MR. KING: Well, the one advantage this summit had is that there was a greater sense of intimacy. You see him up close. When you see him the way the – in the pictures, the images are usually shown of him speaking to a large crowd or standing on a platform waving at troops, this kind of thing. This is a much more intimate picture of Kim Jong-un. He’s close. It’s just the two of them. They’re holding hands. They’re stepping back and forth across the border. So it’s a very different image than the kind of image that we’ve seen of Kim Jong-un in the past. I think from his point of view it’s a very positive image, because he’s trying to give – convey this idea that he’s a person you can deal with. So I think from that point of view, the way the imagery came across, it was very positive for him.
MS. KANG: I see.
Let’s move on to the next question. Is this North Korean leader different from the ‒ is that right? Yeah. Is this North Korean leader different from the past two? Which means, is Kim Jong-un different from his father, Kim Jong-il, and his grandfather, Kim Il-sung? Do you think so, yes or no?
MR. YUN: There’s no maybe, huh? (Laughter.)
MS. KANG: Well, I will give you a chance to talk about maybe. (Laughter.)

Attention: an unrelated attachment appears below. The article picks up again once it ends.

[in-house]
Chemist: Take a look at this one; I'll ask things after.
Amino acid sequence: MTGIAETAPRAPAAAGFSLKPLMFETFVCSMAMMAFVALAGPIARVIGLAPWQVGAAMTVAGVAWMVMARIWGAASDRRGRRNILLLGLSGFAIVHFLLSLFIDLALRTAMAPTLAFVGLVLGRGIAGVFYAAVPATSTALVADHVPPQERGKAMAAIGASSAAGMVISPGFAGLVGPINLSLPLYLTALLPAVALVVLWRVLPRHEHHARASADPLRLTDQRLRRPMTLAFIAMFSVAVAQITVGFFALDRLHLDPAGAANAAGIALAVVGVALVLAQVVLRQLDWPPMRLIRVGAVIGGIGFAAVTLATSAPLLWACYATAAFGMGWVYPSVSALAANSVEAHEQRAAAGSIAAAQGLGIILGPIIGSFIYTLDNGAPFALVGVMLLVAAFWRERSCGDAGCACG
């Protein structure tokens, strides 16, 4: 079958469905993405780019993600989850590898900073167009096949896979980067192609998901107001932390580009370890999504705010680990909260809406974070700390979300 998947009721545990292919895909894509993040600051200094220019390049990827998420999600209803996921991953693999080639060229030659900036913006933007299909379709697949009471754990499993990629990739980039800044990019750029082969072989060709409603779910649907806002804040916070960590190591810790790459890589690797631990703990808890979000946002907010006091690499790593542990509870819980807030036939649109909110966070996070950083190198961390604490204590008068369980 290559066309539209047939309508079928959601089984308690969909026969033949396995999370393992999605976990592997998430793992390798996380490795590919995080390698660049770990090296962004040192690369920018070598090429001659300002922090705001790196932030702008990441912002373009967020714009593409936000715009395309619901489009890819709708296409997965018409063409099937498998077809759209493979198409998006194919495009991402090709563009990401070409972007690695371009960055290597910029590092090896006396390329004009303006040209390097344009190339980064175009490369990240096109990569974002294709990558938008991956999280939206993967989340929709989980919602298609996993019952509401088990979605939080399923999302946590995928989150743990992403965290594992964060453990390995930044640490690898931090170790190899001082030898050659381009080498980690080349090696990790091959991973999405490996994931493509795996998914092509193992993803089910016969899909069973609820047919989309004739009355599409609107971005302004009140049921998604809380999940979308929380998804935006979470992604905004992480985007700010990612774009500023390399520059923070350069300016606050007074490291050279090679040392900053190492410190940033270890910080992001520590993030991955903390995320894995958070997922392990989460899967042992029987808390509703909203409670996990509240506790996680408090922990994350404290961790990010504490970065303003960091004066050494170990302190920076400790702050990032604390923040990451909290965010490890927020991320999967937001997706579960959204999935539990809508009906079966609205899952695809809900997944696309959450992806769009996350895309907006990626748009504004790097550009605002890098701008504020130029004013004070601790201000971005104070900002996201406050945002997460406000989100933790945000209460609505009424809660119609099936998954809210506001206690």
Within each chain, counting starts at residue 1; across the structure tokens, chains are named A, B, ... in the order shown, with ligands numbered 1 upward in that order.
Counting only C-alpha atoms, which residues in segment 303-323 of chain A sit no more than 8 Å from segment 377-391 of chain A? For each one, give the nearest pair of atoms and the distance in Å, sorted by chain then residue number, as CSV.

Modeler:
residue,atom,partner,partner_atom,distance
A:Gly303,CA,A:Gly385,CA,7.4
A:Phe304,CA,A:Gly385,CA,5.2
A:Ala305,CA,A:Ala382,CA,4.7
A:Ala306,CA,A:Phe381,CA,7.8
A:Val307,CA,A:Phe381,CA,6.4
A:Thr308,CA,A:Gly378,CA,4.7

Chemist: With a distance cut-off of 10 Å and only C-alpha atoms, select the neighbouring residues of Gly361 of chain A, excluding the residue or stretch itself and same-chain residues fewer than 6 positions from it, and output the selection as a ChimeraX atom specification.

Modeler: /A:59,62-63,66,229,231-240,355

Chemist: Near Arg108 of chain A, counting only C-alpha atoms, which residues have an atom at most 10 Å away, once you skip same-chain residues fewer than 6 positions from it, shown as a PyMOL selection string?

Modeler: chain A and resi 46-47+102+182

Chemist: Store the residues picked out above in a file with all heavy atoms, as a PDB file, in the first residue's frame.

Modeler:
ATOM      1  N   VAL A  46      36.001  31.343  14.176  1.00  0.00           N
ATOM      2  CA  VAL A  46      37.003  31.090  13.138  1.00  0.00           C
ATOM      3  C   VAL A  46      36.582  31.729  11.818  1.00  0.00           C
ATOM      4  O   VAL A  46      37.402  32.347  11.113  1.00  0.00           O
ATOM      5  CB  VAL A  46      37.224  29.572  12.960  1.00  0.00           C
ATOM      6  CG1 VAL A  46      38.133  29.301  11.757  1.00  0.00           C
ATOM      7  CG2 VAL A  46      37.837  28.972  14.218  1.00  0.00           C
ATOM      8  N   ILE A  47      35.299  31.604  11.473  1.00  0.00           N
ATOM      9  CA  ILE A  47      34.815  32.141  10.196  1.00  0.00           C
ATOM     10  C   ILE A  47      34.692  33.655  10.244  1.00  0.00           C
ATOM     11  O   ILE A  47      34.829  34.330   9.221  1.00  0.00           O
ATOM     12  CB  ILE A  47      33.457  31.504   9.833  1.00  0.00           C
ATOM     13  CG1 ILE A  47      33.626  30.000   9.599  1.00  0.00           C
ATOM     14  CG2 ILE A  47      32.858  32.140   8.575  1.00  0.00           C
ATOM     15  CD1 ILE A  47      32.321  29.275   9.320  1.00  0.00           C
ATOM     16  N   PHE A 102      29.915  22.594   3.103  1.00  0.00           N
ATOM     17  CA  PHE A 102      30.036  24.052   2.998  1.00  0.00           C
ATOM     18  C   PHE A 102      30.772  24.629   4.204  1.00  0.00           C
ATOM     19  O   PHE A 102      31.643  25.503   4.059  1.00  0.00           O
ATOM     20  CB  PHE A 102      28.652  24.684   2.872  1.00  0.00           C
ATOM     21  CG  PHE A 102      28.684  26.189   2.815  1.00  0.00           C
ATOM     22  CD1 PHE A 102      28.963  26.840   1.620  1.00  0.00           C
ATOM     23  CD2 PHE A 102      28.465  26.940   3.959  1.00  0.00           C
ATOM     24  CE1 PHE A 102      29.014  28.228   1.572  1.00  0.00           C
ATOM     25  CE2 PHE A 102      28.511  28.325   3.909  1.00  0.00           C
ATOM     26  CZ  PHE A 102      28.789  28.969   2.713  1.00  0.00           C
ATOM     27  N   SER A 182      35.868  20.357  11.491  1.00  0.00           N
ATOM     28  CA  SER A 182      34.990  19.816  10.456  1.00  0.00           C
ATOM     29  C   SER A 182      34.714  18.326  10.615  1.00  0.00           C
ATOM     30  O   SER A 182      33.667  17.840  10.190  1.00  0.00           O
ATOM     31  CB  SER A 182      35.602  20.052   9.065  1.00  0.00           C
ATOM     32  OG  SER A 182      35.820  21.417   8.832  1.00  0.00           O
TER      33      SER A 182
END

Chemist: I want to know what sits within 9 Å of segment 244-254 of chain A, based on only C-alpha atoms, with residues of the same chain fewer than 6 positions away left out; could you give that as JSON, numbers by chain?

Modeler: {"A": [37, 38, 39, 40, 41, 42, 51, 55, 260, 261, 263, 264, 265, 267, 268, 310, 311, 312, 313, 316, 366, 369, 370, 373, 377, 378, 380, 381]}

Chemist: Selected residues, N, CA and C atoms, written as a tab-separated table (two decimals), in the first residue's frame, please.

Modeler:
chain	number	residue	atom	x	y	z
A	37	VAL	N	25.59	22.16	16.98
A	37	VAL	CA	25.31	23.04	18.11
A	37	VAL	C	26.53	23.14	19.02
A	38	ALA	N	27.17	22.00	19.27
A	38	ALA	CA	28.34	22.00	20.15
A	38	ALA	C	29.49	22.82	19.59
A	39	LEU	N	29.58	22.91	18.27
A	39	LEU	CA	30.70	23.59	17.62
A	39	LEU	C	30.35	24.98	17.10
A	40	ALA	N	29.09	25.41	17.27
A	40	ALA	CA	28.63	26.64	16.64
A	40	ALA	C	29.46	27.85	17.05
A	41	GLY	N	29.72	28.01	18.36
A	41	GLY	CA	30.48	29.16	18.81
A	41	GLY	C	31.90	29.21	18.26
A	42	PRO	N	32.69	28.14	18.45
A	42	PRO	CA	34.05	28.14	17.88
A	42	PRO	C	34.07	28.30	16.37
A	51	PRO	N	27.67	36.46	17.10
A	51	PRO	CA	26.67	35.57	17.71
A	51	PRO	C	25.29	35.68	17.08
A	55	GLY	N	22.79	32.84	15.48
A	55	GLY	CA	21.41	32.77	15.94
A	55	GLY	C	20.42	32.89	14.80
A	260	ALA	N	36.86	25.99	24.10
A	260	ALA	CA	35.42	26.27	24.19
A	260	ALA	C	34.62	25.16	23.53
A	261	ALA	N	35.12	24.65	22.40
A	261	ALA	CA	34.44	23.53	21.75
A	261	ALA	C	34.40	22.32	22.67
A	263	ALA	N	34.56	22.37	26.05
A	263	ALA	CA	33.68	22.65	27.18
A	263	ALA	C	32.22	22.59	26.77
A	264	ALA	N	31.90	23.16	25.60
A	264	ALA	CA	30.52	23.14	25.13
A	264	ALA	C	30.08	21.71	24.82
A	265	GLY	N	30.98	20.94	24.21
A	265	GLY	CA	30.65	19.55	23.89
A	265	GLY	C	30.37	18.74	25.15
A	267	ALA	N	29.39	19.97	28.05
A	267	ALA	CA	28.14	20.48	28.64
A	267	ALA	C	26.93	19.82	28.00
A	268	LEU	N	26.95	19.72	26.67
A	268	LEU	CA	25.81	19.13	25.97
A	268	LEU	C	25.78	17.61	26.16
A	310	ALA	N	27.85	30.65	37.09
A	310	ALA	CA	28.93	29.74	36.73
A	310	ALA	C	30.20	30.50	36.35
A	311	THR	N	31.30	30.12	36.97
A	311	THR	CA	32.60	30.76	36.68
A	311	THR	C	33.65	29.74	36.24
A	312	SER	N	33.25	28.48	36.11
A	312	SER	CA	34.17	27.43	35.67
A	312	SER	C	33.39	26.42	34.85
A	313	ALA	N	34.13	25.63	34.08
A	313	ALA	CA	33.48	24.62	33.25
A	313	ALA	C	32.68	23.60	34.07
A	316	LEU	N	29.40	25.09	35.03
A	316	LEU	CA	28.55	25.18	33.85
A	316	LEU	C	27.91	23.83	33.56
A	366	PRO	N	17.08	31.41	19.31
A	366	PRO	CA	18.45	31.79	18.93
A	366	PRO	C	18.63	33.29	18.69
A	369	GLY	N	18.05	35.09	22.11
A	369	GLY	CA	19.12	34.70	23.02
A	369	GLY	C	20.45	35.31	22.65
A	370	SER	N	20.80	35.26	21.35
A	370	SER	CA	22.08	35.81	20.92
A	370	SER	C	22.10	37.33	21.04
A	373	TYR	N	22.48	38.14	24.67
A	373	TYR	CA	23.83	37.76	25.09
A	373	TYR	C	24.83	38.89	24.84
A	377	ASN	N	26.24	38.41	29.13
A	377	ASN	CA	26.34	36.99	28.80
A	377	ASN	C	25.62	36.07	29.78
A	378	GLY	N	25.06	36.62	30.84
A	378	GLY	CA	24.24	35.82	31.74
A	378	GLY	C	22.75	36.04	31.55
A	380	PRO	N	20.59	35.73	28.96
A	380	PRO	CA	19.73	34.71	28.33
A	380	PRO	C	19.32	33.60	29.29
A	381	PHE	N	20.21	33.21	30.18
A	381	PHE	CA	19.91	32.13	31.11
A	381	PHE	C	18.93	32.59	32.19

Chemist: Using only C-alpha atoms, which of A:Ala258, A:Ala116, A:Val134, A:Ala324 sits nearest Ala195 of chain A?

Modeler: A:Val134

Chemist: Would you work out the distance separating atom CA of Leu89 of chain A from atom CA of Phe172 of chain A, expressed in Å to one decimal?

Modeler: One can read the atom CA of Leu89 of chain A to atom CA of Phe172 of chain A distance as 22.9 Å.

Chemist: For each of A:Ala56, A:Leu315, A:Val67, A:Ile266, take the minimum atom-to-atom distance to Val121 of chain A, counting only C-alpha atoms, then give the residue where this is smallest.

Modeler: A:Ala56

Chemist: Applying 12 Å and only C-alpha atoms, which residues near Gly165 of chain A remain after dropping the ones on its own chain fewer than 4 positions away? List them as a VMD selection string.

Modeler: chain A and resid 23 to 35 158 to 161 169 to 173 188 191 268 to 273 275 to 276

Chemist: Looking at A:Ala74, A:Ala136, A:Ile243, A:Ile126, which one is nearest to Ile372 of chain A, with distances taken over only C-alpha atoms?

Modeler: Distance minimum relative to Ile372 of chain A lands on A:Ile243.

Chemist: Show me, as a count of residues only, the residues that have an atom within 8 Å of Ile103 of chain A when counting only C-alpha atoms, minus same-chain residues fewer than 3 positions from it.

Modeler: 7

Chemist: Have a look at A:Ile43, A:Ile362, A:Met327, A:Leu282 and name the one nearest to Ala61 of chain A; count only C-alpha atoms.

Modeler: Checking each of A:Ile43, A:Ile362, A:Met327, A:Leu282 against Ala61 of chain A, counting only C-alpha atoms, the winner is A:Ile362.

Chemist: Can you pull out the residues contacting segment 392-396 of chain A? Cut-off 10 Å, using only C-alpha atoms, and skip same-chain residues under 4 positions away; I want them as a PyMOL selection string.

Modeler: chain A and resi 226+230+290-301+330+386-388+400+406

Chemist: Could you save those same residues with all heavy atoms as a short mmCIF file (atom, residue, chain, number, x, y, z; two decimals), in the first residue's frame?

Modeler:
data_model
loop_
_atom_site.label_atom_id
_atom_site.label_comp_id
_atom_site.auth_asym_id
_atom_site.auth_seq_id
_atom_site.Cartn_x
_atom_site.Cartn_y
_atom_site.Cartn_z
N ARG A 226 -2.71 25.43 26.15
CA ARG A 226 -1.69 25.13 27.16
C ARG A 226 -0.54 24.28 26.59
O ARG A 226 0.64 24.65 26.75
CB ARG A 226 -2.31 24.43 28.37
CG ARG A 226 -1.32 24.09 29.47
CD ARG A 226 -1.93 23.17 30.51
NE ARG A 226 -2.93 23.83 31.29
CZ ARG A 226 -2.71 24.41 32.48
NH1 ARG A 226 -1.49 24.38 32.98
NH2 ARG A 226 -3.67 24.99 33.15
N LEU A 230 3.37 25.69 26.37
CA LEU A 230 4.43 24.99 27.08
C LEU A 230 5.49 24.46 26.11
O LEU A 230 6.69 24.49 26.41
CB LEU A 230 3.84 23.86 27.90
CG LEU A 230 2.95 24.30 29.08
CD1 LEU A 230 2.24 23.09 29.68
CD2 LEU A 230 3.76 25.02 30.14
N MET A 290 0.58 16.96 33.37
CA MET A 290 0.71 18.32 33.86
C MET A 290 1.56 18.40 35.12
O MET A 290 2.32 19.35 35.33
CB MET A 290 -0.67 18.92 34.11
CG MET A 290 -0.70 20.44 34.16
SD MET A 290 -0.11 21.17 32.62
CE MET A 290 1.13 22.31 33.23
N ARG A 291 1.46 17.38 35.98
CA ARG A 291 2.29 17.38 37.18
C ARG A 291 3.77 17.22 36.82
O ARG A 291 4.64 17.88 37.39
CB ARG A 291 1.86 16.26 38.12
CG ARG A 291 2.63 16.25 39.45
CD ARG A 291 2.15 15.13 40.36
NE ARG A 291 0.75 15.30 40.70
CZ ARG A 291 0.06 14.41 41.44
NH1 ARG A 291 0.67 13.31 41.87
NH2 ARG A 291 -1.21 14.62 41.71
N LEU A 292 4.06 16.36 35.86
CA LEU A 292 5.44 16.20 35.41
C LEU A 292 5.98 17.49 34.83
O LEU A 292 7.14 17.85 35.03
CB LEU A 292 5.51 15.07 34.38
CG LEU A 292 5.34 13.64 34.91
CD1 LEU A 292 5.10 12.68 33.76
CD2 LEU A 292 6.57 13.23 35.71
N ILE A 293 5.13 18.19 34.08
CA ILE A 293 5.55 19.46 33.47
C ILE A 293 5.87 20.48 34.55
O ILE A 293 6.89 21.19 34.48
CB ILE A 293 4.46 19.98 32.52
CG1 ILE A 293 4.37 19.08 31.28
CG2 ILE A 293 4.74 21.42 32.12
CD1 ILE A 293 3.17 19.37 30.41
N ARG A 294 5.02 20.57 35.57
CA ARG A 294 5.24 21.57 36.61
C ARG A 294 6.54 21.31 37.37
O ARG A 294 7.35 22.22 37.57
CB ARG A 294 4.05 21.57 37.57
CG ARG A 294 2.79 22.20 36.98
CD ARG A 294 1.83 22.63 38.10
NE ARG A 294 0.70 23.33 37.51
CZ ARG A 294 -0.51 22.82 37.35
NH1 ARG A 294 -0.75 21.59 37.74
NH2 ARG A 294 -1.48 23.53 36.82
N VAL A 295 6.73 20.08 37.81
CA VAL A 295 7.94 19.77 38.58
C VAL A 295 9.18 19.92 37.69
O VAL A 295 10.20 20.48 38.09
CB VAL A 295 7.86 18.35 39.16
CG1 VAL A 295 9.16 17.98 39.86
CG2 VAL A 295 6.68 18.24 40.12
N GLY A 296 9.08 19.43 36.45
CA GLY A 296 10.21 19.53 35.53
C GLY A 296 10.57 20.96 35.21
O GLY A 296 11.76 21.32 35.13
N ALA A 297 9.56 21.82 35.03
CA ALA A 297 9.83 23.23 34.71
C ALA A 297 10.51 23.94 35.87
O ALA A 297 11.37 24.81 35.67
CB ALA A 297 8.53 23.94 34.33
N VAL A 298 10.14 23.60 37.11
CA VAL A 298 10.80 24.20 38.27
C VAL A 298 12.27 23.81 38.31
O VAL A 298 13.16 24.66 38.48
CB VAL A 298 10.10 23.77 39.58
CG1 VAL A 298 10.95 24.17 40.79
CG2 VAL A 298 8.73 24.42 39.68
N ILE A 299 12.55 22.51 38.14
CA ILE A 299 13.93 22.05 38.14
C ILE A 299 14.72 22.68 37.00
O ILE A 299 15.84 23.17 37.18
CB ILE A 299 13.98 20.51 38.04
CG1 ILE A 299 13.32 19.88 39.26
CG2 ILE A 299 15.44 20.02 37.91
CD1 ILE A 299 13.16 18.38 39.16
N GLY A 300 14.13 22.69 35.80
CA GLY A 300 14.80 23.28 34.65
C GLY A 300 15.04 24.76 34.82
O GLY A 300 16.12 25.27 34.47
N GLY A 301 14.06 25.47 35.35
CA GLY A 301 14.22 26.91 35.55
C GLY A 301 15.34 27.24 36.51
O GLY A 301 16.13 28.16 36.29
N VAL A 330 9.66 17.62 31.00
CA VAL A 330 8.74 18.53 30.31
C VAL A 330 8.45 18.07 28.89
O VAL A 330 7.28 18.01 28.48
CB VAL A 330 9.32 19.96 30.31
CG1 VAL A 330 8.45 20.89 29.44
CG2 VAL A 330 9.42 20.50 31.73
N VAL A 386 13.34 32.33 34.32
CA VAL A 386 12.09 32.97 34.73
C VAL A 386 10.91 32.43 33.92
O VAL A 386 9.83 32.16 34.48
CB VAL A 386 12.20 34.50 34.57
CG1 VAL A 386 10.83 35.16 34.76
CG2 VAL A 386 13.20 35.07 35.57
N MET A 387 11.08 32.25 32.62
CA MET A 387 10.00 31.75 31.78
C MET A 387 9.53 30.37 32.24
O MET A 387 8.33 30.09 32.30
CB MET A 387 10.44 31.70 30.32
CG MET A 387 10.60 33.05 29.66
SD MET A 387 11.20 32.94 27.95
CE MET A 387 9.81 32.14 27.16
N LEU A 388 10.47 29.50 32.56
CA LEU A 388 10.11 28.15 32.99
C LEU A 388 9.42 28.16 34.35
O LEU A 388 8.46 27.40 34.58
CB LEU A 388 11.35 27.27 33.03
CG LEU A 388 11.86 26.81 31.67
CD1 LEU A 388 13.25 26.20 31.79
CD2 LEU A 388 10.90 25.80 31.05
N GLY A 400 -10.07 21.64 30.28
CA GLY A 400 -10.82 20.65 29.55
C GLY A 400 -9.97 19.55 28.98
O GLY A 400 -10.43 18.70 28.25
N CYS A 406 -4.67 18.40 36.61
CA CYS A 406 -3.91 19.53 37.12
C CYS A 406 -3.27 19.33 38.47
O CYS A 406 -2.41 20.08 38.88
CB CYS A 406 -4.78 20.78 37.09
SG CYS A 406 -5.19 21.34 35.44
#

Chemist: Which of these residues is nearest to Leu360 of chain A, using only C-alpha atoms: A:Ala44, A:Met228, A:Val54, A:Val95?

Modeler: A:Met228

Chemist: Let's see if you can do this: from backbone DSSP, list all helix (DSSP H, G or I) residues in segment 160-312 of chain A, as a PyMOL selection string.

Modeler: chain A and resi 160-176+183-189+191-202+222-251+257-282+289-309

Well, 77 percent said Kim Jong-un is different from Kim Jong-il and Kim Il-sung. Dr. Katz, what do you think about that? Do you agree with that?
MS. KATZ: I would echo Ambassador Yun’s question of a third option. (Laughter.) You know, since we are in the position where we can answer not in a binary way, I’d say we’ll see.
The interesting thing about this answer is, I think if we put ourselves before the inter-Korean summit, that that answer might look quite different. And so the impression of the North Korean leader changed through seeing him as a human being, but there’s danger in that and there’s hope in that. The moments of spontaneity are what I think is generating the hope out of this summit, these moments of chance that there might be, through the process itself, a new outcome. But there is also danger in that, because as we get back to, like, you know ‒ again, the theme of today is probably this optimism/caution, and that’s a healthy balance and that, in some ways, the publics in the U.S. and South Korea and within our own publics are balancing each other out in these very healthy ways.